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Social Innovation

Driving automotive innovation with co-creation

As the race to produce the first autonomous car heats up, collaboration between car manufacturers and tech firms is more important than ever.

The world around us is changing rapidly, propelled by technological disruption.

With such change comes greater competition, more complex projects and instant customer feedback thanks to social media.

To accommodate this, businesses are adapting their once traditional approach of secretly developing solutions behind the doors of R&D labs and are instead adopting a much more open and dynamic approach to innovation.

Enter co-creation! Co-creation – when organisations bring stakeholders into the innovation process to deliver new products and services – is key to ensuring that products remain relevant in an ever-changing market. In fact, a recent report from Longitude and Hitachi found that those working in the automotive sector are the most likely (83%) to say that co-creation has transformed their approach to innovation. However, the report also found that one of the automotive sector’s biggest fears is that the public will start viewing cars as a service rather than as a desirable product. This could explain why the sector is moving forward with co-creation, to ensure that they are creating products which are attractive as a purchase to consumers.

Bringing consumers in early

The most significant benefit of adopting co-creation in the automotive industry is how car makers are collaborating with consumers to source and test designs. In fact, the report found that half of automotive organisations said they have worked with consumers on a collaborative creation project on a regular basis. By asking for their opinion, car makers are bringing their consumers into the design fold, giving them a real and vested interest in the final product and making sure that their products remain as attractive and appealing as possible.

Away from dealerships

The future of the automotive industry is beset with challenges and opportunities. With climate change at the forefront of the agenda and increasing demands for cleaner transport, car manufacturers are adapting their designs to reflect these global trends. Faced increasingly with emission targets and declarations from countries within the EU, for example, that only zero emission cars will be sold from 2050, car manufacturers must move with the tide or be abruptly left behind.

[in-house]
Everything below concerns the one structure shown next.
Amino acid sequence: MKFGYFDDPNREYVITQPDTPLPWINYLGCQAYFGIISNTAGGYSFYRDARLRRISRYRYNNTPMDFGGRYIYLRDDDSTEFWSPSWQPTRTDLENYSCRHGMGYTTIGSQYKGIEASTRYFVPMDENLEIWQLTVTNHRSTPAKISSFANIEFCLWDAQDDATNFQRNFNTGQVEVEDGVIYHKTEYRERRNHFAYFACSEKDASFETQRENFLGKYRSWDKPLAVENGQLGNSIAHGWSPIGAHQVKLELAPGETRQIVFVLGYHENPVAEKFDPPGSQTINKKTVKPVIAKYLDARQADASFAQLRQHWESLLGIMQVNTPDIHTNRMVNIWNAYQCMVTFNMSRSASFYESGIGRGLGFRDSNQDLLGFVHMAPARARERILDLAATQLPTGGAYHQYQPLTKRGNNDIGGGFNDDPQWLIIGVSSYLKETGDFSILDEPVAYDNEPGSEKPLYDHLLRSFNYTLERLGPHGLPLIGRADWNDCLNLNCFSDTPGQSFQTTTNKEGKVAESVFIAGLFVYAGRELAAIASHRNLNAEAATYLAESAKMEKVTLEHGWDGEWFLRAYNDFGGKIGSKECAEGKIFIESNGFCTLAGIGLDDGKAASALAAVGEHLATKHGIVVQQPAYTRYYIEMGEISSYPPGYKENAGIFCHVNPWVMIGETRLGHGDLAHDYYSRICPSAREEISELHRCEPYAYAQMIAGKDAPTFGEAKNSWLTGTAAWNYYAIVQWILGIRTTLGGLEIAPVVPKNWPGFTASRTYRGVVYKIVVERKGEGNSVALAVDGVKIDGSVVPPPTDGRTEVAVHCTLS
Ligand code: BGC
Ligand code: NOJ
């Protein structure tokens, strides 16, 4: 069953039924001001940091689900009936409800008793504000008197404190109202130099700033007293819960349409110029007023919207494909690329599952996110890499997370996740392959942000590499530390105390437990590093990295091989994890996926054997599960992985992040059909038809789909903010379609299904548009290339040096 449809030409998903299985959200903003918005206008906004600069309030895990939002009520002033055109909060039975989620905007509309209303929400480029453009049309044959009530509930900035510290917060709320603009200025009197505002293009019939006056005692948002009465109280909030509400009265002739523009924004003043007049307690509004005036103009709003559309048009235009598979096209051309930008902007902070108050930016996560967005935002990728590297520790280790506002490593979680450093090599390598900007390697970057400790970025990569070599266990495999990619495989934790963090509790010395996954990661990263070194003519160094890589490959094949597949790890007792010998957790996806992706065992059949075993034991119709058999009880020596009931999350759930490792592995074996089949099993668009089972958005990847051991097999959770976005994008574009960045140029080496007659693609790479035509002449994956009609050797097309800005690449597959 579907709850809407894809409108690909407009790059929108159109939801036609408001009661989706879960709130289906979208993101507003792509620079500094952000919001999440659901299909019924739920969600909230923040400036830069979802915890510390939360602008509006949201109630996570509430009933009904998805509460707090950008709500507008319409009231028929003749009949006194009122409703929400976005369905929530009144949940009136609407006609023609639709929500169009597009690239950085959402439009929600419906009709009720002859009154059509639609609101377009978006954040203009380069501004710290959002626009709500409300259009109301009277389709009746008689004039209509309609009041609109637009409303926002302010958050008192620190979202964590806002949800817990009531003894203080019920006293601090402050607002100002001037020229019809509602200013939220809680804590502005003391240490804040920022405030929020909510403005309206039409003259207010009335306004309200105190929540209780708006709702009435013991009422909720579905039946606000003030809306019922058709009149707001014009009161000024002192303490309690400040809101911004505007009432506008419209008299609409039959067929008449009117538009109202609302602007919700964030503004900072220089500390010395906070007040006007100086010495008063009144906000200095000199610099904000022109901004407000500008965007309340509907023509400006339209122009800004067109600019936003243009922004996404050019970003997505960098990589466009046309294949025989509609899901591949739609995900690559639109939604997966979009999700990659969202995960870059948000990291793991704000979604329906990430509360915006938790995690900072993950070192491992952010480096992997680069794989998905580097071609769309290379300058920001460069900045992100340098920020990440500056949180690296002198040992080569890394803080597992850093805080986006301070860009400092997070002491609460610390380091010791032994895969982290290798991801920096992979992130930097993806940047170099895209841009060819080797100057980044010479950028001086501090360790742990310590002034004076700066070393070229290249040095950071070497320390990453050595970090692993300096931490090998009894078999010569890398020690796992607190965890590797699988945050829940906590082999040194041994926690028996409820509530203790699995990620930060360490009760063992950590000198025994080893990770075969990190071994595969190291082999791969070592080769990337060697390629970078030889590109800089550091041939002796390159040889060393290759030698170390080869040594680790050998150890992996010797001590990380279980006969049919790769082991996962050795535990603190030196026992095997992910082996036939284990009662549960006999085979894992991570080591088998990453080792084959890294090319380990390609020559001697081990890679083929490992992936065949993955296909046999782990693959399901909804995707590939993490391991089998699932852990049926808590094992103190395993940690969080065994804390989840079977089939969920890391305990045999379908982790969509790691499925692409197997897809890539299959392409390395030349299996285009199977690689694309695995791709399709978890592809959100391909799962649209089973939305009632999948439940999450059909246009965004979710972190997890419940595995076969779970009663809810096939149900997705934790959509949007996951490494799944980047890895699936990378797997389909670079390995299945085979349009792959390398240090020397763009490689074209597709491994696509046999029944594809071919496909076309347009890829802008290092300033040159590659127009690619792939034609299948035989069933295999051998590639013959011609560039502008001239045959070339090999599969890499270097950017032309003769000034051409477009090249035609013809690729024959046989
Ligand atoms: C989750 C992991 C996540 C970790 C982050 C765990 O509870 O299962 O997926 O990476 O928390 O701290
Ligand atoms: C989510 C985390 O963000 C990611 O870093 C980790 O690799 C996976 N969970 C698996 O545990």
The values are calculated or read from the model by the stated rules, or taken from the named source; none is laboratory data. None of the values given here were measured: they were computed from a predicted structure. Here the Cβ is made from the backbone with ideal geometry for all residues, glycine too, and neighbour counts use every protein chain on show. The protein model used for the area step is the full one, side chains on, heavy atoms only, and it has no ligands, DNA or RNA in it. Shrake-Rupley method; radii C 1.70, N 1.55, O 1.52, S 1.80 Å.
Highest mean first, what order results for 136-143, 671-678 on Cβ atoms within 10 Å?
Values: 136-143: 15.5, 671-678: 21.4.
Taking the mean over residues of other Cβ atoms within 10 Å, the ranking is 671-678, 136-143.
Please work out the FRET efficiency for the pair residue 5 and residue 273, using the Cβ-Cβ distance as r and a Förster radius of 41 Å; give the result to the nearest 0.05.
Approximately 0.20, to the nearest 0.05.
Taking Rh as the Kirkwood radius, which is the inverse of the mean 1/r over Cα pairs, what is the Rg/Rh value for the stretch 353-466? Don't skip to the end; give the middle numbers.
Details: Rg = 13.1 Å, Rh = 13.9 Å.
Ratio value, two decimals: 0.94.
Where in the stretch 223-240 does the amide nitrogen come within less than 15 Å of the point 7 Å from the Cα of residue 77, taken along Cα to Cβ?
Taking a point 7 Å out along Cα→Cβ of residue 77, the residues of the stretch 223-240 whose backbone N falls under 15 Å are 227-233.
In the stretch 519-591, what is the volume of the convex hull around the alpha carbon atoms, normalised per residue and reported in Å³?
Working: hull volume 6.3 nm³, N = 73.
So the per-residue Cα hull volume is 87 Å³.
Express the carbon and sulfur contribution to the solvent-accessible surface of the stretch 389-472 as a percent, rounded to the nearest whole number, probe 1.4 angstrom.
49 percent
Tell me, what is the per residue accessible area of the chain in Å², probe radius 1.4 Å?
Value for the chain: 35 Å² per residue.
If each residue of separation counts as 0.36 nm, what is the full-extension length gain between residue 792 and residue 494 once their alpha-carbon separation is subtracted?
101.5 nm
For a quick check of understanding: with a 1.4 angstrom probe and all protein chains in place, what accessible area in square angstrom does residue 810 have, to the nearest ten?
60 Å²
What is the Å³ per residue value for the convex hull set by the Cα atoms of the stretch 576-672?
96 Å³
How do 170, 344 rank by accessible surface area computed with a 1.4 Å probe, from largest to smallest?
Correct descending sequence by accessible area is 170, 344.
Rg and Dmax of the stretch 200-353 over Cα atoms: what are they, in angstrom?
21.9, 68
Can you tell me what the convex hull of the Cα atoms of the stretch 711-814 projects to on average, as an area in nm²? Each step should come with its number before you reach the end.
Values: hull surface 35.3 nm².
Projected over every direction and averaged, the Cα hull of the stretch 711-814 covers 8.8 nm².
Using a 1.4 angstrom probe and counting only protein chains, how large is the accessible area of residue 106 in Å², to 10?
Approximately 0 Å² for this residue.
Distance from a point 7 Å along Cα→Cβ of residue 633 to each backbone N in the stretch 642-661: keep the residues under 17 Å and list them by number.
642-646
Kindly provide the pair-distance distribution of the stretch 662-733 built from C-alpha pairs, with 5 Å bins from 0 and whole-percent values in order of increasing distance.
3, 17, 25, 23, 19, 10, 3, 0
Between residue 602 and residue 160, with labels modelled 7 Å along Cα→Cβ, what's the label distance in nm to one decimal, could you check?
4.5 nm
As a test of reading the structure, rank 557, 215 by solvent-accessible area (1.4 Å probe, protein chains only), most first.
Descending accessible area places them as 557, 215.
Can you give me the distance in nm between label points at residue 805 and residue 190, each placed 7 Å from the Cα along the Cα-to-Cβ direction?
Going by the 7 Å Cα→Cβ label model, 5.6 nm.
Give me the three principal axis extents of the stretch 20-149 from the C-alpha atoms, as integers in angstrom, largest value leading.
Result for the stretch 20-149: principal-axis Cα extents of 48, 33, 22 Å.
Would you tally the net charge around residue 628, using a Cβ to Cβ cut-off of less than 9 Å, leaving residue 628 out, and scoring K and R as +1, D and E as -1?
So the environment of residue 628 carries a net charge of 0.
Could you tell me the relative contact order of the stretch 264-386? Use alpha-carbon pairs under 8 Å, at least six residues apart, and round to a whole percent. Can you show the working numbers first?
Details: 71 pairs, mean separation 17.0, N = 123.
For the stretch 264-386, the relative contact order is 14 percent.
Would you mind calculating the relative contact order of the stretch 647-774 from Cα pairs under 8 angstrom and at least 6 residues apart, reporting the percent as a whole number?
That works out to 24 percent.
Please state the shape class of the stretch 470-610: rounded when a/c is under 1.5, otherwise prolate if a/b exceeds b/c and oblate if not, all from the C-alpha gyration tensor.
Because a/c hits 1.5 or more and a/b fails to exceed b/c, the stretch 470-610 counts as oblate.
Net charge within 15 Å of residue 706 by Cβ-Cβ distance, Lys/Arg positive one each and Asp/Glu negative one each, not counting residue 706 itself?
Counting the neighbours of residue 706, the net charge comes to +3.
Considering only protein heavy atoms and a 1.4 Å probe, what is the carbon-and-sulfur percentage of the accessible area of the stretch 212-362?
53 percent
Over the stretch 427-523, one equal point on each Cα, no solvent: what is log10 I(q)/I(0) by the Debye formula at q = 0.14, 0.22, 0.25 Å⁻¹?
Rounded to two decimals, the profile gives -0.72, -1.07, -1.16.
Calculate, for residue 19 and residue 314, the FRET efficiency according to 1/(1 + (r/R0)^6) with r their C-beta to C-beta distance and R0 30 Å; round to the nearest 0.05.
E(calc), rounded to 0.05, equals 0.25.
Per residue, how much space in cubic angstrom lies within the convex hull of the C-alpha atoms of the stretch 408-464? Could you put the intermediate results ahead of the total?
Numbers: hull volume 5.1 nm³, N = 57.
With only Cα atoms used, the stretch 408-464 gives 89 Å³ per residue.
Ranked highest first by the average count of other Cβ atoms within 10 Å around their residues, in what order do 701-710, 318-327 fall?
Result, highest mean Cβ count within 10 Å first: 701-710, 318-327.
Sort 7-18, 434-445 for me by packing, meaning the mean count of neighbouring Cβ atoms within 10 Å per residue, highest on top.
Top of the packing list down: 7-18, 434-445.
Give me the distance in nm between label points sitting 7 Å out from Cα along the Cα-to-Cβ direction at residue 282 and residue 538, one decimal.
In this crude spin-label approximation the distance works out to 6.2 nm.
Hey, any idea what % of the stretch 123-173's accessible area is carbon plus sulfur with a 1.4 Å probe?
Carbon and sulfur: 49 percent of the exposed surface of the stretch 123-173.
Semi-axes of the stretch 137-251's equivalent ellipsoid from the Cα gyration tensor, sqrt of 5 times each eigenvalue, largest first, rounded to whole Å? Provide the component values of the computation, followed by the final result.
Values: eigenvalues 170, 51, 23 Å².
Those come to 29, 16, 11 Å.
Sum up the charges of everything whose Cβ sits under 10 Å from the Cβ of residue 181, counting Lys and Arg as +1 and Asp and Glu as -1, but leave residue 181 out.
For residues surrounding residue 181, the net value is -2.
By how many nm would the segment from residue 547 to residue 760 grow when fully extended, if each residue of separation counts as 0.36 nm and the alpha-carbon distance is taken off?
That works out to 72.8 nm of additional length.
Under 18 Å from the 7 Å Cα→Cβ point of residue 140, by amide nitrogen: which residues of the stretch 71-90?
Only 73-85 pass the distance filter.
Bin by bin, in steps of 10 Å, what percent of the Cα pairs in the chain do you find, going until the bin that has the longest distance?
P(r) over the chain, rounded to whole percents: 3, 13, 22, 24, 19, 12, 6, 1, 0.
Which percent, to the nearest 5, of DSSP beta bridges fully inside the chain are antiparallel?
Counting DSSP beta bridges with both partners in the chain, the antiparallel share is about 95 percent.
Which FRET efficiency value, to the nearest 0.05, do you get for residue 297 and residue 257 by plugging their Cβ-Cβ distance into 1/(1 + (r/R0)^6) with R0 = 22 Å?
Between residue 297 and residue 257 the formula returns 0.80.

The technological revolution spurred on by the Internet of Things era is capable of turning these challenges into opportunities. At the same time, increasing policy focus on the transformation of our urban environments into smart cities provides the perfect environment for new car technologies – electric and driverless – to flourish and become part of a connected infrastructure. However, manufacturers must be willing to engage in conversations with other organisations, consumers and governments in order to secure their place in the transition towards smart transportation.

The future of the car

As industries increasingly collaborate, the boundaries between them begin to blur. Whereas car manufacturers used to install their own in-car entertainment systems, these were gradually displaced by those of tech companies which were popular among consumers. However, the dawn of driverless cars on the near horizon has accelerated the need to collaborate to another level.

Working towards producing the first fully autonomous car is very much a race, and competition amongst car manufacturers is fierce. In order to stay ahead in this race, car makers and tech firms around the world are working together to develop driverless car technology. The collaboration between Google and Fiat Chrysler is just one of the partnerships announced in 2016 between car makers and tech firms as they seek to integrate and share their specialised expertise.

Why co-creation is the answer

Co-creation is not a new concept but it is one which is being enhanced and driven by the way the world is changing. According to Mary Barra, Chief Executive of General Motors, the car sector will “change more in the next five to ten years than it has in the last fifty.” Whilst the pace of technological disruption is forcing industries to deliver innovation at a faster rate, co-creation is enabling them to pool existing talent and resources across sectors and develop products to keep them at the front of the race.